Feb 10, 2011
Reading time
2 minutes
Download the article
Click here to print
Text size
aA+ aA-

Polo Ralph Lauren sees momentum continuing

Feb 10, 2011

Feb 9 - Polo Ralph Lauren Corp said momentum from a strong holiday season should continue in the current quarter and it has been able to charge full price for more of its high-end clothing, helping push its shares to an all-time high.

Ralph Lauren
Pieces from Polo Ralph Lauren

The upscale clothier and retailer, whose brands include Polo, Club Monaco and Chaps, posted a bigger-than-expected jump in quarterly profit.

Sales to department stores were strong, as were sales at the company's own high-end stores and its less expensive outlets.

Polo also doubled its dividend. Its shares rose as much as 9.9 percent, hitting a new all-time high in early trading, before edging back down.

Revenue from its wholesale business, which sells to department stores such as Macy's Inc and Nordstrom Inc, rose 21 percent. The wholesale business accounted for nearly half of overall sales.

Polo posted its fourth consecutive quarter of sales gains. Sales at its own stores open at least a year, or same-store sales, were up 15 percent. Same-store sales at its factory outlets also rose 15 percent.

Through its chain of outlets, the company has succeeded in catering to "aspirational shoppers" who crave brand names but are on tighter budgets than luxury shoppers.

Polo forecast its hot streak would continue in the current quarter, its last of the fiscal year.

Early orders for the 2011 fall and holiday seasons suggest Polo's market share will keep growing in fiscal 2012, executives said on a call with Wall Street analysts.

The company now expects fiscal 2011 operating margin to be flat rather than down 0.5 percentage point, despite higher costs for cotton, wool and cashmere. It cited strong sales and its ability to charge full price on more merchandise.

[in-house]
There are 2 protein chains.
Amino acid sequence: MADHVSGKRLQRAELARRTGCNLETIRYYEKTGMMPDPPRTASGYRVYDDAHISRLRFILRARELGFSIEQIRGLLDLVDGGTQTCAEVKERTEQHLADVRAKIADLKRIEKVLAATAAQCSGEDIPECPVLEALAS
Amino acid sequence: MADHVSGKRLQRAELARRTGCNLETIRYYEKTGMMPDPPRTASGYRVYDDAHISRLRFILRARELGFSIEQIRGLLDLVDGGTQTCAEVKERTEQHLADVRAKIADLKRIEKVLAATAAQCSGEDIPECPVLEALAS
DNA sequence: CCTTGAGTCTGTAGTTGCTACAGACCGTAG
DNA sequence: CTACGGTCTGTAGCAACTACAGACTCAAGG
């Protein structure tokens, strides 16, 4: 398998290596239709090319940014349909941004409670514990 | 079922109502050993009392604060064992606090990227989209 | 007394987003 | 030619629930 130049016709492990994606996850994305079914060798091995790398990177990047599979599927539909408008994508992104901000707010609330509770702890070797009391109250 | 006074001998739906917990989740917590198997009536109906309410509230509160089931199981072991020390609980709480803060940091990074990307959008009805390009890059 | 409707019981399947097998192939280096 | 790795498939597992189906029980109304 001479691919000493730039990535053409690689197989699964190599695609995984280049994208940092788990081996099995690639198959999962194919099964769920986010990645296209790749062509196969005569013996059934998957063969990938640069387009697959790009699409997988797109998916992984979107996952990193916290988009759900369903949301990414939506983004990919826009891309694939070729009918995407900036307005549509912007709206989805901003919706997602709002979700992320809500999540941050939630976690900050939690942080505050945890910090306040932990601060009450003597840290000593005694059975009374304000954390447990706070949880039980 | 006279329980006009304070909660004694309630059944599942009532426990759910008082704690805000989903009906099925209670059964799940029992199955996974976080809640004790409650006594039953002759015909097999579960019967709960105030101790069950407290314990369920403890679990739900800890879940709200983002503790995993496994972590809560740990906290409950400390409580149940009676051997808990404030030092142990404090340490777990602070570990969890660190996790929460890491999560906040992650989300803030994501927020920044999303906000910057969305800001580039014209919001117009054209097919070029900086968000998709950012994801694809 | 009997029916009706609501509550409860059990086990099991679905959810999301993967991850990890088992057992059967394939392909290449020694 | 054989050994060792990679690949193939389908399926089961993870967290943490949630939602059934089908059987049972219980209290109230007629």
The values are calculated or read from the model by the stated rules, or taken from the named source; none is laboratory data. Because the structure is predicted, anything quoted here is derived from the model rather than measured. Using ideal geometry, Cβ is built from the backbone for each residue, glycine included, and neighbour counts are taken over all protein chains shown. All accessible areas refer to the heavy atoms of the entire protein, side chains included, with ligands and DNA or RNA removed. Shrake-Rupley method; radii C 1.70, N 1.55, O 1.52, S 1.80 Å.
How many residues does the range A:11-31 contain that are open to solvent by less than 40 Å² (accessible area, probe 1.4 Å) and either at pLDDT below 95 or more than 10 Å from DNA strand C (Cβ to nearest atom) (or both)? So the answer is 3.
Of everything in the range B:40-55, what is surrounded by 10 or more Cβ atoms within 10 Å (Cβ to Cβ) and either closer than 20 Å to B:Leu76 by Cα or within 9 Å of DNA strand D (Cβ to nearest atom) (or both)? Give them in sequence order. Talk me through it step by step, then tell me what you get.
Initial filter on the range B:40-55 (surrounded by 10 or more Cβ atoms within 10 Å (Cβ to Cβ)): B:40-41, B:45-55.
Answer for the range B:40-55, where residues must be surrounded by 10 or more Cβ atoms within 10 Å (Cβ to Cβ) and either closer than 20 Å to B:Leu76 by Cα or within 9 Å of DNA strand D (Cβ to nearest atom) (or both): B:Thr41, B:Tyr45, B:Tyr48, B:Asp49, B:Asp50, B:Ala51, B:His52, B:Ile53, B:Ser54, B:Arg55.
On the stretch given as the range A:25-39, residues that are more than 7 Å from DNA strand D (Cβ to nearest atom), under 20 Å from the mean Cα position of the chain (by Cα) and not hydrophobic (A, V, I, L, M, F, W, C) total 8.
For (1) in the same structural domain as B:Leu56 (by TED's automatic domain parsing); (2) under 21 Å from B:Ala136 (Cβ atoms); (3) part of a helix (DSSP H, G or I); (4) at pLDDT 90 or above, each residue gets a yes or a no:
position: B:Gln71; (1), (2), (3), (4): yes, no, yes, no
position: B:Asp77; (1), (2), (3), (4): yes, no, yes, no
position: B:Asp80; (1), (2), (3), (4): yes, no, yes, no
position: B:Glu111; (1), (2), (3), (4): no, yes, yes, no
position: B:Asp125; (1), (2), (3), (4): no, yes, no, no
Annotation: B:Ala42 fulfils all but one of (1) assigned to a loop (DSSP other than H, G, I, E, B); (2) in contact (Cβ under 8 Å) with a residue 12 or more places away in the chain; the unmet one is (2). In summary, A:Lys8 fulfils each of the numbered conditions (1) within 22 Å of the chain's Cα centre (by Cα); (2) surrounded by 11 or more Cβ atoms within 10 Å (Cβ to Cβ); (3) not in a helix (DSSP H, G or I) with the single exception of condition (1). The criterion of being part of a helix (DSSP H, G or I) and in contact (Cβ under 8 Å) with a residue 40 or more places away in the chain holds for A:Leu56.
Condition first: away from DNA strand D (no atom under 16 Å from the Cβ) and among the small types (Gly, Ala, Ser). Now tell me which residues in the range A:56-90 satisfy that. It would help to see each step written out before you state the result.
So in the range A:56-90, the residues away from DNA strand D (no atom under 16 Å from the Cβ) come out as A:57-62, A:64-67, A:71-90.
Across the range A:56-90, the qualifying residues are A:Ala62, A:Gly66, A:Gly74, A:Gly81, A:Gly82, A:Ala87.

Just like Jones Group Inc, whose brands include Nine West, Jones New York and Anne Klein, Polo said it expects to raise prices more markedly in the second half this year.

In contrast to Jones, which warned that shoppers might not be willing to pay higher prices, Polo Chief Operating Officer Roger Farah said his company's "brand equity" would allow it to pass along higher costs.

Polo said net income rose to $168.4 million, or $1.72 a share, in the fiscal third quarter ended January 1, from $111.1 million, or $1.10 a share, a year earlier.

That was far above the $1.29 analysts polled by Thomson Reuters I/B/E/S had expected. Net revenue rose 24 percent to $1.5 billion, also above Wall Street forecasts.

The company doubled the quarterly cash dividend to 20 cents a share and authorized an additional $250 million stock buyback program.

Polo shares were up 9.5 percent to $126.81, while Jones shares were up 0.5 percent to $13.14.

(Reporting by Phil Wahba; additional reporting by Ben Klayman in Detroit; editing by Dave Zimmerman, John Wallace)

© Thomson Reuters 2022 All rights reserved.